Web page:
On Monday, we celebrated the life of Dr. Martin Luther King even as we marked the 48th anniversary of his assassination. Today, voters will go to the polls in the Wisconsin primaries, but a new raft of voter suppression laws will ensure the results are skewed. One of King’s great legacies — the Voting Rights Act — is now under assault across the country.
In Wisconsin, voter suppression laws were passed by a conservative Republican legislature despite the fact there was no evidence of voter fraud to justify them. The legislature seemed intent on passing the most restrictive laws. They passed the whole passel of conservative model laws and invented a few more. The laws were challenged in court, but the Supreme Court refused to review a lower court decision leaving them in place.
The voter suppression laws include requiring a photo ID for voting, a measure that might affect an estimated 300,000 voters, disproportionately older, younger, poor and people of color. They reduced early voting times from 30 days to 12 days and eliminated it on weekends and evenings, discriminating against workers who can’t get leave to go to the polls. They eliminated statewide certification of registrars, so registrars can only enroll voters in the country where they are certified, making registration more difficult. They eliminated faxing and emailing of absentee ballots — except to military and overseas voters — making absentee voting more difficult. They eliminated straight ticket voting, except for military and overseas voters, ensuring waiting times and lines will be longer when people go to vote. They made it harder to use student ID as proof of residence, even as they required proof of residence to vote.
The thrust of these laws is clear: They are designed to make it harder to vote, particularly for working people who can’t take time off, for students, for the elderly who might not have the right ID, for the poor and people of color. No wonder Bernie Sanders denounced the suppression laws as “truly un-American.” Hillary Clinton’s legal counsel challenged them in court. Key constituents of both candidates will be impacted. The Wisconsin primary results will be distorted — and that is the intent. In the general election, these laws will be most destructive to the Democratic voting base, not the Republican base. And that is intentional also.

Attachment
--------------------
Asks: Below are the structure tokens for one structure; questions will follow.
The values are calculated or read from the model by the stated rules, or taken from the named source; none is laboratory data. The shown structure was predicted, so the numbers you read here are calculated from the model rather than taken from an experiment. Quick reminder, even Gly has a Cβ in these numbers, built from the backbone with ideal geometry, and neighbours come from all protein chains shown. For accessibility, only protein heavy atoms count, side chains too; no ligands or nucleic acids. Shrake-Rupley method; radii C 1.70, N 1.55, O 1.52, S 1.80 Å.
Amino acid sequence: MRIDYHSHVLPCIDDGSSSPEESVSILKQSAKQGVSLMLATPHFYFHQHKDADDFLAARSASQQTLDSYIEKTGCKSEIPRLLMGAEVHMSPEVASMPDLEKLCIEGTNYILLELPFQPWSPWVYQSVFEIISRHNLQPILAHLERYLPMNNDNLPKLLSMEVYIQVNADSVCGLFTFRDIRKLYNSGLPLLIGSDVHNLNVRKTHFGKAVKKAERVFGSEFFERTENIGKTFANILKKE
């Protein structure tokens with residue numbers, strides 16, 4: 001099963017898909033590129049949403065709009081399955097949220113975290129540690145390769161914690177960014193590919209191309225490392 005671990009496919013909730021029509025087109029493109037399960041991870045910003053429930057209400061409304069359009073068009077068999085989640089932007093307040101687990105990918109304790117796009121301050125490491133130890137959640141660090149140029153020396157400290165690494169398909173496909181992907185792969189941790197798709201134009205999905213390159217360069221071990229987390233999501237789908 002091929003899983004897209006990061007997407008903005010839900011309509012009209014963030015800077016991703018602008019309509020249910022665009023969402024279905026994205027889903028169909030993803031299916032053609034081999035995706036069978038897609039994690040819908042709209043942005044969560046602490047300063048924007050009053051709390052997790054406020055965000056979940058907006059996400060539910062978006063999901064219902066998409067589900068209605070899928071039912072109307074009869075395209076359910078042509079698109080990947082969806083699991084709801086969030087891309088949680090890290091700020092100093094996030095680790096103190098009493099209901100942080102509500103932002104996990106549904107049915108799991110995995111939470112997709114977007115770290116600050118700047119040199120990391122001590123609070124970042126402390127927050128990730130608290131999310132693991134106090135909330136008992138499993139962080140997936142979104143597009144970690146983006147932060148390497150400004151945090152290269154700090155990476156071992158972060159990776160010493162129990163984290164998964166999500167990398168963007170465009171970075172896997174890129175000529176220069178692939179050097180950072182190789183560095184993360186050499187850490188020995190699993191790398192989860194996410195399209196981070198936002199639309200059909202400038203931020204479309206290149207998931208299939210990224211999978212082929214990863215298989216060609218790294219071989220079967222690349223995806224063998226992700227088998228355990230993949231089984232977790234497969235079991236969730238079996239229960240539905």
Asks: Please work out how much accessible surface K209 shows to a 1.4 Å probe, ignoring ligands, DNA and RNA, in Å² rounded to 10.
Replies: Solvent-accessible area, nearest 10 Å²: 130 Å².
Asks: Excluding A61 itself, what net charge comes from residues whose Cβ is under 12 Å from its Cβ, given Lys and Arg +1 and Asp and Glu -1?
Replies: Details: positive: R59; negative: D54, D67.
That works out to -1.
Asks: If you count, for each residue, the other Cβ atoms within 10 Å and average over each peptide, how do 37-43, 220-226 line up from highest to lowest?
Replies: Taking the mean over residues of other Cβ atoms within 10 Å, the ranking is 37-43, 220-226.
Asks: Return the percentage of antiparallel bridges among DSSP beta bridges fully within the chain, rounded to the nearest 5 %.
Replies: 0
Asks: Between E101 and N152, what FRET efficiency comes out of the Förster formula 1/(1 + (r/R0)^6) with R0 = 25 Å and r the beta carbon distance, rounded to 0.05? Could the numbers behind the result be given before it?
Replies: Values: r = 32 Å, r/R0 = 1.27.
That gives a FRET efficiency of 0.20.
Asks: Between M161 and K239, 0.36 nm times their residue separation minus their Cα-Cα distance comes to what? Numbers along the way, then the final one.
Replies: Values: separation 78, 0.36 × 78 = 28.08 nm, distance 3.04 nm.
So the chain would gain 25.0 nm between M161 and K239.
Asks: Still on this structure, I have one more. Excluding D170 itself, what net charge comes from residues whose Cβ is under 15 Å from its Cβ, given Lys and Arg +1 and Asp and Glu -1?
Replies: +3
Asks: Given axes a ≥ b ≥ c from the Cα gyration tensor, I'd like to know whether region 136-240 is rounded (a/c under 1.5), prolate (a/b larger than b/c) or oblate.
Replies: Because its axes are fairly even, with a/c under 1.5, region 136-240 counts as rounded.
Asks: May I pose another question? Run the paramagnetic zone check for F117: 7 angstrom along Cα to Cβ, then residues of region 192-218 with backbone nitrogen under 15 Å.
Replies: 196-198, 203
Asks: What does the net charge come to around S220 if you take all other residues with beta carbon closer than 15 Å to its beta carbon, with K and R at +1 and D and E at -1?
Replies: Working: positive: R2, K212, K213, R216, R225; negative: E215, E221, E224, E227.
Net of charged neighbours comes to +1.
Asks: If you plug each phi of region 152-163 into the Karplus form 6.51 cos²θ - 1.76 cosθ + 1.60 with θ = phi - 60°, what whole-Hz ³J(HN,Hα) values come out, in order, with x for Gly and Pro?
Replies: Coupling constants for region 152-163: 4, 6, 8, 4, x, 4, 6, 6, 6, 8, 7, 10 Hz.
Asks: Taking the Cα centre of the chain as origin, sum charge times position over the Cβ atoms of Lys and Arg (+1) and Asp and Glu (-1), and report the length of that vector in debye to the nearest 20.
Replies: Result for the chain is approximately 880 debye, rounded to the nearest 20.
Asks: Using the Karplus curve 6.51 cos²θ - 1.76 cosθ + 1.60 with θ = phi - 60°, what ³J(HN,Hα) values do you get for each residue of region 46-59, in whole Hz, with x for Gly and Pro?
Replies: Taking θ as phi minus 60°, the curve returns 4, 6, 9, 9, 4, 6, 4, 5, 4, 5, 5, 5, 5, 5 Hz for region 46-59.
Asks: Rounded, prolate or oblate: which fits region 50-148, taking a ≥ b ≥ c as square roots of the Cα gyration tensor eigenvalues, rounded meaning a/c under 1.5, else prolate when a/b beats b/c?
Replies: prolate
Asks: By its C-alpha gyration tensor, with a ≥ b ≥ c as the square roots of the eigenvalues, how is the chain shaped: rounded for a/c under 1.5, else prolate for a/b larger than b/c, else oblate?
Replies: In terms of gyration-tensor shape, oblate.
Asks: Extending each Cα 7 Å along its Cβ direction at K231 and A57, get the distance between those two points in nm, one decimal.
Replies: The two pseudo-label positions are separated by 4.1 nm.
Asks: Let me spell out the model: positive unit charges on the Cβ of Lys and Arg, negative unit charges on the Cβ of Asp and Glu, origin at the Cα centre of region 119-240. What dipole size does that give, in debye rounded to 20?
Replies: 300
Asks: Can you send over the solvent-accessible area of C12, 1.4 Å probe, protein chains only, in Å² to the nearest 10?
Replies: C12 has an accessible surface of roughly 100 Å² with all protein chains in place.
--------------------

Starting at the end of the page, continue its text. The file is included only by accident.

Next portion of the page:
This is a disgrace. Forty-eight years after King’s death, we witness how much of his agenda remains unfinished, how much is being reversed. He marched against inequality and poverty, but inequality is worse, and childhood poverty in the United States is the worst of any large country. He marched for equal protection under the laws, but our system of racial injustice continues to discriminate, particularly against young black men. He marched for voting rights, and now across the country conservatives are systematically passing laws to making voting harder. He protested against the endless war in Vietnam that robbed the funds needed for the war on poverty at home. And now we seem stuck in endless wars without victory on the other side of the world, even as our own neighborhoods suffer from the lack of public investment in everything from clean water systems to public schools.
King will be remembered for helping to make America better. But he always taught us justice can’t be inherited. Equal opportunity can’t be taken for granted. “Human progress,” he wrote, “is neither automatic nor inevitable. ... Every step toward the goal of justice requires sacrifice, suffering and struggle, the tireless exertions and passionate concern of dedicated individuals.” And as Wisconsin will show, the struggle must continue simply to guarantee every American the right to vote.
The Rev. Jesse Jackson
is a civil rights activist.